22 October 2016
Greece's debt crisis will probably keep haunting the country for years to come. Photo: AFP
Greece's debt crisis will probably keep haunting the country for years to come. Photo: AFP

The ‘Iceland model’ – is it the way out for Greece?

To many, the Greek debt crisis is becoming more like a chronic disease than a crisis, because it seems it just won’t end and is going to haunt the country for many years to come.

So, is there any once-and-for-all solution to the misery of Greece, apart from withdrawing from the eurozone or begging its creditors to write off its debt?

Some academics suggested Greece follow the “Iceland model” as a way out.

In 2008, Iceland went through a serious credit crisis.

The country almost went bankrupt overnight.

At that time Iceland was as desperate as Greece is today.

However, Iceland’s government took decisive action, declaring its banks insolvent and announcing a one-off default on foreign loans.

Now seven years have passed, and Iceland has fully recovered from its financial turmoil.

Back in 2011, when the first wave of the European debt crisis occurred in Portugal, Italy, Greece and Spain, the Nobel Prize-winning economists Joseph Stiglitz and Paul Krugman suggested that the PIGS follow the Iceland model, which they believed would be much more effective than never-ending bailouts by the International Monetary Fund and the European Union.

However, the Iceland model is often oversimplified.

Studies often overlooked the unique background of the country, which calls into question whether its successful experience can be duplicated in Greece.

The major difference between Iceland and Greece is that Iceland is neither an EU nor eurozone member, and therefore it retains a lot more monetary and financial autonomy than Greece, giving it much more freedom to maneuver.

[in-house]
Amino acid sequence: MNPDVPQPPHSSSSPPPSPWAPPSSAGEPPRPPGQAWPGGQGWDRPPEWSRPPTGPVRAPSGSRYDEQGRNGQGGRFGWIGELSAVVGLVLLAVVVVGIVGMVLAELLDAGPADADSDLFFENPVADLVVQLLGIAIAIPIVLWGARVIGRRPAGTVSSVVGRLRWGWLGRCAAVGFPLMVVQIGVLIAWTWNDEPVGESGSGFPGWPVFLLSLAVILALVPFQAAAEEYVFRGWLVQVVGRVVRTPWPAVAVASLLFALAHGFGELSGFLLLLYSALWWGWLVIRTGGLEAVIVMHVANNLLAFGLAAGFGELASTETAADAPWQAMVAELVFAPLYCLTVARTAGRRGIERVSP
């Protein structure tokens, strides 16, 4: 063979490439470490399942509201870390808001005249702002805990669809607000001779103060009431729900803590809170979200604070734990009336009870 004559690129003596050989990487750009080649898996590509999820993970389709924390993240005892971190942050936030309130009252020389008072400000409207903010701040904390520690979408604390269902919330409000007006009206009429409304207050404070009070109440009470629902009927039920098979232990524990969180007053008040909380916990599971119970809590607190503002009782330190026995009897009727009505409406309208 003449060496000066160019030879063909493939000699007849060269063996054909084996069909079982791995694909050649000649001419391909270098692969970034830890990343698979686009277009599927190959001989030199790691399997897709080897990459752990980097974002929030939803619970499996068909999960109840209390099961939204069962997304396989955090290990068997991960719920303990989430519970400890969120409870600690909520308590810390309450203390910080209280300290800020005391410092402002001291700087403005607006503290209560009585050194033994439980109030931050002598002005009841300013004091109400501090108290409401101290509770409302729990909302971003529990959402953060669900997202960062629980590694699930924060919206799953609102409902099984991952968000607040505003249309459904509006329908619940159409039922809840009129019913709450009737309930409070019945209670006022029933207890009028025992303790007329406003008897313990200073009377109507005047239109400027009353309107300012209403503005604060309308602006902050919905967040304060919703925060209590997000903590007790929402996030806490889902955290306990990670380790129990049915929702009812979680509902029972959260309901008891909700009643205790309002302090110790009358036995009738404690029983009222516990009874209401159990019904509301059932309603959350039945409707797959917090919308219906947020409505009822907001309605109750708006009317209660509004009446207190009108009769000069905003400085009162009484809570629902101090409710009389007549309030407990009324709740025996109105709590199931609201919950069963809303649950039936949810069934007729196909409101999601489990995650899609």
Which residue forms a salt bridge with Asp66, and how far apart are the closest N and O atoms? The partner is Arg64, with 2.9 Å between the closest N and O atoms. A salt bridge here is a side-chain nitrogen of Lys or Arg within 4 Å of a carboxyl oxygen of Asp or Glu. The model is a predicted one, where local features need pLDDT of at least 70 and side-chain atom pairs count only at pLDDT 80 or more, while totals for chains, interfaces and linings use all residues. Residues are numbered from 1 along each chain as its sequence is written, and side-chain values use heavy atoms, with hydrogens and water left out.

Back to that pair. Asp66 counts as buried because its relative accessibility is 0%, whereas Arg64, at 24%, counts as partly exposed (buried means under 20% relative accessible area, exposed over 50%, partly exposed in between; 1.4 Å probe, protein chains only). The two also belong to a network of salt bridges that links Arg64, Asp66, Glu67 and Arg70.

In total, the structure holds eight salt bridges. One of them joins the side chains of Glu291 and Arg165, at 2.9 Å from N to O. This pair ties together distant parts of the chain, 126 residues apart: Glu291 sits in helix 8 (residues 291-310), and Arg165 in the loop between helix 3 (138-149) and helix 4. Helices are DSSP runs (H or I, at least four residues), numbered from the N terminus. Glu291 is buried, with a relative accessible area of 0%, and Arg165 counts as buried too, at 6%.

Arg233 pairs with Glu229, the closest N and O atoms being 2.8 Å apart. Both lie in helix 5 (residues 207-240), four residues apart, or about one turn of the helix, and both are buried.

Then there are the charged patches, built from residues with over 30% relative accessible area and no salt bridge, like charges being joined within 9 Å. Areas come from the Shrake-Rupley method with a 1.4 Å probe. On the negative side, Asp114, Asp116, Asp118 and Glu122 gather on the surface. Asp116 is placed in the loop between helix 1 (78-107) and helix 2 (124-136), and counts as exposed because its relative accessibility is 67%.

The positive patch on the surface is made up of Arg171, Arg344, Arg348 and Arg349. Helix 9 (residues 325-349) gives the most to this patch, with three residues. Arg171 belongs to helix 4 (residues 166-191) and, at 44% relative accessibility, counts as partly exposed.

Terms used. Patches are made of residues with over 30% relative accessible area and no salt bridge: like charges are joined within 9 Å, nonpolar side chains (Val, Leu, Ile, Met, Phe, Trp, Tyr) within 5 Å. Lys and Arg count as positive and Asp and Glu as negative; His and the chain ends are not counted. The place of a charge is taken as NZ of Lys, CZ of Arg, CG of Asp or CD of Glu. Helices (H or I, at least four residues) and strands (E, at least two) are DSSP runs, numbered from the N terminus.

For example, shortly after the outbreak of Iceland’s credit crisis in 2008, the country’s central bank quickly imposed strict regulations on the exchange rate of the krona against other currencies to avoid fluctuations.

It implemented capital controls, preventing almost US$9 billion worth of capital from fleeing offshore.

Iceland’s government even refused to accept responsibility for the losses of foreign investors and holders of savings accounts.

In contrast, since Greece is a member of the eurozone, it has lost its monetary autonomy.

Therefore, there is nothing much it can do.

Moreover, there is little room for maneuver for the Greek government in terms of controlling capital flows and foreign exchange rates, because such measures are against the EU treaty.

Even if Greece finally withdrew from the eurozone and re-established its own currency, who on earth would have confidence in that currency?

On the other hand, apart from having received a loan of US$2.1 billion from the IMF by agreeing to cut its spending by 3-5 percent, Iceland’s government reached agreements on currency swaps with some of the major central banks in northern Europe, providing strong support for the country to stabilize its foreign reserves and get financing from the international market.

As far as Greece is concerned, after it accepted the euro as its currency, it basically turned over its power to exercise currency swaps to the European Central Bank, leaving it with no other monetary tool.

Since Greece has lost its power to control its own monetary policy, it is quite unlikely that Iceland’s miracle will reoccur in Greece.

This article first appeared in the Hong Kong Economic Journal on Sept. 9.

Translation by Alan Lee

[Chinese version 中文版]

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Associate professor and director of Global Studies Programme, Faculty of Social Science, at the Chinese University of Hong Kong; Lead Writer (Global) at the Hong Kong Economic Journal

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